Exploring and coding strings.xml
W2A relies on
strings.xml to store string data that is referenced from other locations. Refer back to Listing 2 and you'll notice that the
<Button> tag includes an
android:text="@string/animate" attribute. This attribute references the button's text via
@string/animate, which references a string resource named
animate that's stored in
strings.xml. Listing 3 presents this file's contents.
Listing 3. strings.xml
<?xml version="1.0" encoding="utf-8"?> <resources> <string name="app_name">W2A</string> <string name="animate">Animate</string> </resources>
As well as
animate, Listing 3 reveals a string resource identified as
app_name. This resource ID identifies the app's name and is referenced from the app's
AndroidManifest.xml file, typically from the
label attribute of the application element start tag.
In your project window, the values sub-branch of the res sub-branch includes a strings.xml sub-branch. Double-click this sub-branch to show the strings.xml tab, then replace its contents with Listing 3 and save the changes.
Exploring and coding animate.xml
Finally, W2A relies on
android_animate.xml, which stores an animation list of drawable items. Listing 4 presents the contents of this file.
Listing 4. android_animate.xml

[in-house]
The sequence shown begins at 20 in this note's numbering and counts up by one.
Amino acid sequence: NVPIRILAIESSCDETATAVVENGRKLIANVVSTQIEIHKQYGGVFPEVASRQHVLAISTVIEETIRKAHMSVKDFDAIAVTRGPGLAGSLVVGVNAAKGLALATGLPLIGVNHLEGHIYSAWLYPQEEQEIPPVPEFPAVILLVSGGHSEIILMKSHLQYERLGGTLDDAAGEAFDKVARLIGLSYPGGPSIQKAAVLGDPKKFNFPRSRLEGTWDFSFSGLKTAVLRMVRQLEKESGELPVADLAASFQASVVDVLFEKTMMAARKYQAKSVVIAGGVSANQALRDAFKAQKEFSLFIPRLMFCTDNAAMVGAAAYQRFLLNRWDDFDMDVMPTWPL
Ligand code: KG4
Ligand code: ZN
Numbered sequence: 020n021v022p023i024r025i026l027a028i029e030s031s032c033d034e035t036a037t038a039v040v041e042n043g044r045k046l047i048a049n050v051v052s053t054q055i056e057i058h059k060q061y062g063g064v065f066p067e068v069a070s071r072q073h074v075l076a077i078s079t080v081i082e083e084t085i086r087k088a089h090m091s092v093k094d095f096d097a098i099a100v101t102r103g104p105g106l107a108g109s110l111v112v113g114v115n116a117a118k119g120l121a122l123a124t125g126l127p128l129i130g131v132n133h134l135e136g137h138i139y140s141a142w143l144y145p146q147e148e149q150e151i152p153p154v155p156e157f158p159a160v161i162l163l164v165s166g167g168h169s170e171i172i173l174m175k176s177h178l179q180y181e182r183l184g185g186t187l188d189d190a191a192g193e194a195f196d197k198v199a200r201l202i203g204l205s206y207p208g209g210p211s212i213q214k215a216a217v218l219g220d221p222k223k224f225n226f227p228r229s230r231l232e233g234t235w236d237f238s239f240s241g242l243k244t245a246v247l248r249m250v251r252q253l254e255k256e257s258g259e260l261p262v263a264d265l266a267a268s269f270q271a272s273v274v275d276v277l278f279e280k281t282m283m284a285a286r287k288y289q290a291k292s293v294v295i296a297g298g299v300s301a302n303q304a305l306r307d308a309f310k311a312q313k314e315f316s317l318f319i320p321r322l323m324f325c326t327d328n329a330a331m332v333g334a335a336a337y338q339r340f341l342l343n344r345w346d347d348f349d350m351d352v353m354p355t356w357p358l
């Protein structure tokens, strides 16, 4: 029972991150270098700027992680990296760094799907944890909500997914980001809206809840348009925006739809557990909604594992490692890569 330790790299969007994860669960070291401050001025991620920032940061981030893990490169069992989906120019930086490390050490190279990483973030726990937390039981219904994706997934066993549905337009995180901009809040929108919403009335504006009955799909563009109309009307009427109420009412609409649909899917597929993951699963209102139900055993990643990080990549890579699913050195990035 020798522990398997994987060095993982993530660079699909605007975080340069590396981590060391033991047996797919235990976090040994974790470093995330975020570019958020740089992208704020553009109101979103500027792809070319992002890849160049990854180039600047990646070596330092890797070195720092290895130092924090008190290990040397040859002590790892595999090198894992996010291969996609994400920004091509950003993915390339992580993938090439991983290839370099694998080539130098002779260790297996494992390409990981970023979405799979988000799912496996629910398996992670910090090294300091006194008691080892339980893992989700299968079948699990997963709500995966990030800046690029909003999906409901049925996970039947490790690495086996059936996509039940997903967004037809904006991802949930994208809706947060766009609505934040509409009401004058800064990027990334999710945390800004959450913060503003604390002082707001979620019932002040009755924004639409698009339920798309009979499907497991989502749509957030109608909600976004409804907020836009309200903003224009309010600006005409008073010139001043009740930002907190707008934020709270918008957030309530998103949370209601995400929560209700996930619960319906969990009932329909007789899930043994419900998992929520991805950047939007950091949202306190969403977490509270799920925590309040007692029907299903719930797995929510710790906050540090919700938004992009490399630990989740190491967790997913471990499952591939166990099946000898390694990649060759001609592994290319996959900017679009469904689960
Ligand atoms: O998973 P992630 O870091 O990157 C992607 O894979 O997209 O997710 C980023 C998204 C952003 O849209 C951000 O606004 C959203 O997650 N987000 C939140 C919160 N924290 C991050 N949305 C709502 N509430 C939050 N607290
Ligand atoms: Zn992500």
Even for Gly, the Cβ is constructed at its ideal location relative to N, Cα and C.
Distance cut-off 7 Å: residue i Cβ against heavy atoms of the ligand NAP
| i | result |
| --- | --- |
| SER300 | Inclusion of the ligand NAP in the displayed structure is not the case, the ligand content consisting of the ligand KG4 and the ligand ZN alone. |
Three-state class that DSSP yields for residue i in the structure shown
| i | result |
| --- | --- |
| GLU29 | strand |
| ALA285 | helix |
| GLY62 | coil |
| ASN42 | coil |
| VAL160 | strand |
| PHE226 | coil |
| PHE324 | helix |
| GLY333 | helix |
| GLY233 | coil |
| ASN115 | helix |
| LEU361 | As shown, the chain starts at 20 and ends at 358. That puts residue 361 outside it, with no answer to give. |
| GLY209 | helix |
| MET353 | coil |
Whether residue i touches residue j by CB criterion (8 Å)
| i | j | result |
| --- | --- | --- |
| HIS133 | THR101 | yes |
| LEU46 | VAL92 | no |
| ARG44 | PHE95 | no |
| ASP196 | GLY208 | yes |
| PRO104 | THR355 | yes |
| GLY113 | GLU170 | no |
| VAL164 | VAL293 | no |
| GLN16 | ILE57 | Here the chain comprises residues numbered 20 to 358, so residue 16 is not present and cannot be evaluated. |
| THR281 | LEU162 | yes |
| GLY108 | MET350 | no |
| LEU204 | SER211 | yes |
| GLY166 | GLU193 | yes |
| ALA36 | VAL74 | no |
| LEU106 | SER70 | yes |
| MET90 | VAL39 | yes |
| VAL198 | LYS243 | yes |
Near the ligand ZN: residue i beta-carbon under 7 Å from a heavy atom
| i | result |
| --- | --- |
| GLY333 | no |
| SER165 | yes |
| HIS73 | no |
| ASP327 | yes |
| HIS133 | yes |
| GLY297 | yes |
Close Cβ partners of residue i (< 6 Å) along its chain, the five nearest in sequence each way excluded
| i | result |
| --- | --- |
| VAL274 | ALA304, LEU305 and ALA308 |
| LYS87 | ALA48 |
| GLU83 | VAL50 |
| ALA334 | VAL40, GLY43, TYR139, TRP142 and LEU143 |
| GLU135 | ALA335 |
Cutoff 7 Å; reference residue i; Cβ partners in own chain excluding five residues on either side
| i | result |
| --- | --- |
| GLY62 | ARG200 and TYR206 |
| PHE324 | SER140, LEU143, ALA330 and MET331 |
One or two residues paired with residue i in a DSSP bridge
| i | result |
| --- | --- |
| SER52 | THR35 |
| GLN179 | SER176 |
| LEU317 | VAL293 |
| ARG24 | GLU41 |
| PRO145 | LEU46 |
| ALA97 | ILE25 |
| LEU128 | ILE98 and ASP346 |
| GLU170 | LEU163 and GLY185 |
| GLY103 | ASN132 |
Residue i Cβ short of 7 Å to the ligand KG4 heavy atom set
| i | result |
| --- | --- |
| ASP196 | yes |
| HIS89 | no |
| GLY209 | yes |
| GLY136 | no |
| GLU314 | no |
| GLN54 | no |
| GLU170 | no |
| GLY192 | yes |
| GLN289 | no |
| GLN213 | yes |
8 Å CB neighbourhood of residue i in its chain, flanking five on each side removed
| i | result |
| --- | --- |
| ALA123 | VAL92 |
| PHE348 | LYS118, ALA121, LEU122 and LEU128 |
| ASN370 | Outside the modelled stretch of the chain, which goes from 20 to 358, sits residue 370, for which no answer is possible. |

<animation-list xmlns:android="http://schemas.android.com/apk/res/android" android:oneshot="true"> <item android:drawable="@drawable/android0" android:duration="500" /> <item android:drawable="@drawable/android1" android:duration="500" /> <item android:drawable="@drawable/android2" android:duration="500" /> <item android:drawable="@drawable/android0" android:duration="500" /> </animation-list>
Listing 4 starts with an
animation-list element that describes the drawable sequence. This element's
oneshot attribute determines if the animation will cycle in a loop (when this attribute is assigned
"false") or occur only once (when it's assigned
"true" is assigned to
oneshot, you must invoke
stop() method before its
start() method to generate another oneshot animation sequence.
Nested inside the
animation-list element is a sequence of
item elements. Each
item element identifies one drawable in the animation sequence via its
drawable attribute. The
@drawable/androidx resource reference (where
x ranges from
2) identifies an image file whose name starts with
duration attribute identifies the number of milliseconds that must elapse before the next
item element's drawable is displayed.
In the project window, right-click the drawable sub-branch of the res sub-branch. Figure 3 shows the resulting pop-up menu.
Select New from the pop-up menu, followed by File. Figure 4 shows the resulting New File dialog box.
Type android_animate.xml into the "Enter a new file name" text field and click OK. (You'll see an android_animate.xml sub-branch under the drawable sub-branch.) Then, replace the contents of the resulting android_animate.xml tab with the code from Listing 4 and save your changes.
You'll also need to copy the
android2.png files (referenced in Listing 4) from the code source associated with this article to the drawable branch. Assuming you're working in Windows, select these files from Windows Explorer and paste them into this branch (right-click the branch name and select Paste).
Conclusion to Part 2
Now that you understand W2A's architecture and have learned how to code a simple animated mobile app in Android Studio, you're ready to build and run your app. Turn to Part 3 when you're ready for this final step.